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Protective Measures to Take When Divorcing an Abusive Partner

Couple Signing Divorce Paper
Before you divorce an abusive partner, you must take measures to protect yourself and your kids. Otherwise, your abusive partner can hurt you in various ways (physically, emotionally, and financially, among other ways). Here are some of the measures that can keep you safe.
Know When to Leave
Many people will tell you not to leave your marital home before you conclude your divorce. That is generally good advice because:
  • You give your partner de facto custody of the kids if you leave your marital home and leave the kids. De facto custody can easily become a permanent custody arrangement if you are not careful.
  • Your spouse might take out their frustrations on the property you might leave in the home.
  • Your spouse might gain exclusive use of the home through the court.
However, you shouldn't stay in your home if your life is under threat, just because of the above reasons. Determine whether your partner is likely to cause you physical harm or not. Let your gut feeling, your partner's words and actions, and your partner's past behavior guide you. Don't put your life at risk; leave if that is the only way you can guarantee your safety.
Get Protection From the Court
You might be safer if you run away from your marital home, but your partner might still hurt you in other ways. The best way to get as much protection as possible is to go to the authorities. Call the police if you think your life is in imminent danger. Consult a lawyer if the threat is not imminent and you need medium-term protection from the court.
If your application is successful, the court can grant you a temporary restraining order (TRO) to protect you from your spouse. A TRO can help keep your abusive partner away from you and your kids until a full hearing can grant you permanent protection.
Gather the Relevant Documents
You can't predict what your abusive partner will do. For example, they may lock you out of the marital funds, destroy or hide your title deeds, or even hide your children's passports. Expect the worst and gather the relevant documents before your partner does any of those things. Make copies of marital documents and secure your documents in a safe place.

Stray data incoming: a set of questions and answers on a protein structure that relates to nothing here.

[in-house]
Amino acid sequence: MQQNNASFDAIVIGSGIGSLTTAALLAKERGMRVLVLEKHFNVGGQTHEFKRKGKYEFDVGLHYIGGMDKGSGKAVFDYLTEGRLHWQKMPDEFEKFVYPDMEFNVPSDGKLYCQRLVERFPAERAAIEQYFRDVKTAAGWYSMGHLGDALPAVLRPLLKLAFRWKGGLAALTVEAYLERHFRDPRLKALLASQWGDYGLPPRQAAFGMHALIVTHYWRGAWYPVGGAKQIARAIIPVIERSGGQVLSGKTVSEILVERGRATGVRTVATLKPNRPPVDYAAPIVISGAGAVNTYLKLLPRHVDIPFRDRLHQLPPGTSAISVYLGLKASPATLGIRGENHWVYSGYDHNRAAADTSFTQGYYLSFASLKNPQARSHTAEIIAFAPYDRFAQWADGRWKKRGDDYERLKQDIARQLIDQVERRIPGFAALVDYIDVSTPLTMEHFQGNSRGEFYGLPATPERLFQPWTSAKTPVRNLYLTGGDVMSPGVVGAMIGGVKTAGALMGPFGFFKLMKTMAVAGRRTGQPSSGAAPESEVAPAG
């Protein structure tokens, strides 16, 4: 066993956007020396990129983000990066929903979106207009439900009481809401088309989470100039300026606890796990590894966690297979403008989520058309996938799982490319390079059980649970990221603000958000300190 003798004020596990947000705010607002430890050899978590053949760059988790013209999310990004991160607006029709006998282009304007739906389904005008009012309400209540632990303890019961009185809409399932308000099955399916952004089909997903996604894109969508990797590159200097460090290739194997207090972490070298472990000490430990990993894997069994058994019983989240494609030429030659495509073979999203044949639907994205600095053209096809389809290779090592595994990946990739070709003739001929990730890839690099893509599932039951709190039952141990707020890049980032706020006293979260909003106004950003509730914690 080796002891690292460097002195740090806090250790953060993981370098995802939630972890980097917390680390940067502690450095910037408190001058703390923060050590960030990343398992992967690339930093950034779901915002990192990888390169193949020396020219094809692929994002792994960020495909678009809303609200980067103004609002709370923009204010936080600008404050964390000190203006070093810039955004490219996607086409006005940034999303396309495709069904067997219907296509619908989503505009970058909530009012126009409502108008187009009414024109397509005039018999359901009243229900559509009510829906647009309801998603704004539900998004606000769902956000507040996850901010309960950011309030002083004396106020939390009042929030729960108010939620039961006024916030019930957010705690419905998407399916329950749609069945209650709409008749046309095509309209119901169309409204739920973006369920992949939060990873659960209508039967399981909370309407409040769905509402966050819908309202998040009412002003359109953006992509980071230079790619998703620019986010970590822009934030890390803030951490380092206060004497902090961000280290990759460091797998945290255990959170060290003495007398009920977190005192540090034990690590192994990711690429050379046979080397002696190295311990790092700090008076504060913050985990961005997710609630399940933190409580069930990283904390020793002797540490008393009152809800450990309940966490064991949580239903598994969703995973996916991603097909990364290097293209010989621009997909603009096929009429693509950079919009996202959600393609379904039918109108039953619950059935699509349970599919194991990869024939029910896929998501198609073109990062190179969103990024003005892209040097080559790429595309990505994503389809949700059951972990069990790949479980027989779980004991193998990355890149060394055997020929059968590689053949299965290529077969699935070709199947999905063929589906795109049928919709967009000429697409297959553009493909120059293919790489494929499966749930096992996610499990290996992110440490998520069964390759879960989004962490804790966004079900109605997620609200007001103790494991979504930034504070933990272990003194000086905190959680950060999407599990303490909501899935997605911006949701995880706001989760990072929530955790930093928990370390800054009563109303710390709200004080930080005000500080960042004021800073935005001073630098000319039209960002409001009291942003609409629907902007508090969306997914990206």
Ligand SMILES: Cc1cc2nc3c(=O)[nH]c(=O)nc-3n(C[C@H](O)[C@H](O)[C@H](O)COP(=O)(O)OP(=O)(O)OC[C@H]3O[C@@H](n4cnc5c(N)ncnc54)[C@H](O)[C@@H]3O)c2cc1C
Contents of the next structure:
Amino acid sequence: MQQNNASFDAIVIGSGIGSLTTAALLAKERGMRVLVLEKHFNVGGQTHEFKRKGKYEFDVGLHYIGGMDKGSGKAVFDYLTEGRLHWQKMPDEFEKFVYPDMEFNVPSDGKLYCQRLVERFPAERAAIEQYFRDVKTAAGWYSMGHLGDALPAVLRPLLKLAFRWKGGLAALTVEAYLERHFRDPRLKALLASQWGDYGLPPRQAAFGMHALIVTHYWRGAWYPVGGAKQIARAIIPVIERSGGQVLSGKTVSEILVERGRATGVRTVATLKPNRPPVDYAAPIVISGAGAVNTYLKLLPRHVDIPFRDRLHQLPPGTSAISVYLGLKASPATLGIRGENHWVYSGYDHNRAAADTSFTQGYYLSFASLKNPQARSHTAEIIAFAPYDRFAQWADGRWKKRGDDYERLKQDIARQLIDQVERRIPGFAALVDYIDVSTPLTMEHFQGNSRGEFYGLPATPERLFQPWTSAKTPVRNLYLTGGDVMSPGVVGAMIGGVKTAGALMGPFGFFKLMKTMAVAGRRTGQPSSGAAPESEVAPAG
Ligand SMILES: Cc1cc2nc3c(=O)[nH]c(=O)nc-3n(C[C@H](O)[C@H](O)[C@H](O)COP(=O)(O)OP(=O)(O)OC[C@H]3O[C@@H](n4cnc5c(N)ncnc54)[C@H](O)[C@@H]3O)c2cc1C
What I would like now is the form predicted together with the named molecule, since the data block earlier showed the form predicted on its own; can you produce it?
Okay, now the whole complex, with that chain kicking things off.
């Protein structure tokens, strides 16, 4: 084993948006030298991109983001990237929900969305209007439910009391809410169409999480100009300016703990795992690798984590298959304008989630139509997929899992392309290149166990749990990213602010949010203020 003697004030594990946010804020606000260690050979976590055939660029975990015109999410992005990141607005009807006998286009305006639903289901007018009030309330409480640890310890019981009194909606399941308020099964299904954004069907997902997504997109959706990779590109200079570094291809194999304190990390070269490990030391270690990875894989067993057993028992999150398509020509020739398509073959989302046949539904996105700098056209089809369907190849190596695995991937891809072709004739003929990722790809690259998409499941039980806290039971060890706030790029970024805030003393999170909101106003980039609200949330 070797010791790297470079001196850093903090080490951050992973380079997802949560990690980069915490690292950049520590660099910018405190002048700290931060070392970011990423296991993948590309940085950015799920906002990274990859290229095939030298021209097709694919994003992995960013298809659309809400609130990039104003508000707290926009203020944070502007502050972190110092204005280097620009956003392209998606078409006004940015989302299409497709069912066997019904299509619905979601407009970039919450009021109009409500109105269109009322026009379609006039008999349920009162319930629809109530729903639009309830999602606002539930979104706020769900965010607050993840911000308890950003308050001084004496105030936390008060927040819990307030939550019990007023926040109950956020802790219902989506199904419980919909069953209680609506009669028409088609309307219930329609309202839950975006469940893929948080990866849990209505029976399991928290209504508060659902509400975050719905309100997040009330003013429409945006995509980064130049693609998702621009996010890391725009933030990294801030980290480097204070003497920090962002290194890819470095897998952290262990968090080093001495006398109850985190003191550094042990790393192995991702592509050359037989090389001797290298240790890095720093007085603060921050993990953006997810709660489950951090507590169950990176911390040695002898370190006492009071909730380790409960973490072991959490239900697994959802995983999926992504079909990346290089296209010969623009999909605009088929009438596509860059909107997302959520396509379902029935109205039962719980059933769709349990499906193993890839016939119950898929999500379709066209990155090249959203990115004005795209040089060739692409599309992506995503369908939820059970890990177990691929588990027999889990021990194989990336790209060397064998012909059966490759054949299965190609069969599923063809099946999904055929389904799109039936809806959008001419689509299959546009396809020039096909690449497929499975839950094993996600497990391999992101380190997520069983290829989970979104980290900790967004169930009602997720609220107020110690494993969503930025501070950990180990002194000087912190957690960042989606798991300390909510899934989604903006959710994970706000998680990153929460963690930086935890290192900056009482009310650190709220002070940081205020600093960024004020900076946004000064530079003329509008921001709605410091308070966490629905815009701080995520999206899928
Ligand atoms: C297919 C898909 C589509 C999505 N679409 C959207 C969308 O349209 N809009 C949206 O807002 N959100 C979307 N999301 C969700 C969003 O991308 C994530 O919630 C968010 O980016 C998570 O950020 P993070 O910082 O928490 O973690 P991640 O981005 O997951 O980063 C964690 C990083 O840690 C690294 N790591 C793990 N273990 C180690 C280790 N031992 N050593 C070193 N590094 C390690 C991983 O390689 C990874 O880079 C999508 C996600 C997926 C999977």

Here are some of the documents you should have:
  • Birth certificates
  • Copies of property deeds and titles
  • Copies of financial statements
  • Medical records
  • Police or court documents such as TROs
Add any document you think is relevant or important to the list above. The more documents you can gather, the more you will protect yourself from your partner's actions.
Get Support
Don't go through an abusive divorce alone; get all the support possible to make the process a little bit easier for you. Support can come from friends and relatives, a professional therapist, support or self-help groups, and even a divorce lawyer.
Don't forget, however, that you should only listen to the advice of a professional lawyer on legal matters. Let your support group help you in other ways, but don't take their legal advice as the truth.
Avoid Collaborative Divorce
Collaborative divorce, where you settle your divorce without the court's involvement, is a good way to reduce the cost and duration of a divorce. Unfortunately, collaborative divorce is not a good idea if you have an abusive partner.
For a collaborative divorce to work, you should be able to sit down with your partner and negotiate your divorce issues on an equal footing. That won't likely work if your partner is abusive. Get a divorce lawyer to ensure you get a fair divorce settlement.
Your partner's abusive acts weaken their child custody battle. According to the California legislature, the occurrence of domestic violence in a home harms the children's welfare even if the children are not the direct targets of the violence. Contact the Novack Law Offices to help you navigate your divorce and get legal protection from your abusive partner.

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    The information you obtain at this site is not, nor is it intended to be, legal advice. You should consult an attorney for advice regarding you individual situation. We invite you to contact us and welcome your call, letter or electronic mail. Contacting us does not create an attorney-client relationship. Please do not send any confidential information to you until such time as an attorney-client relationship has been established.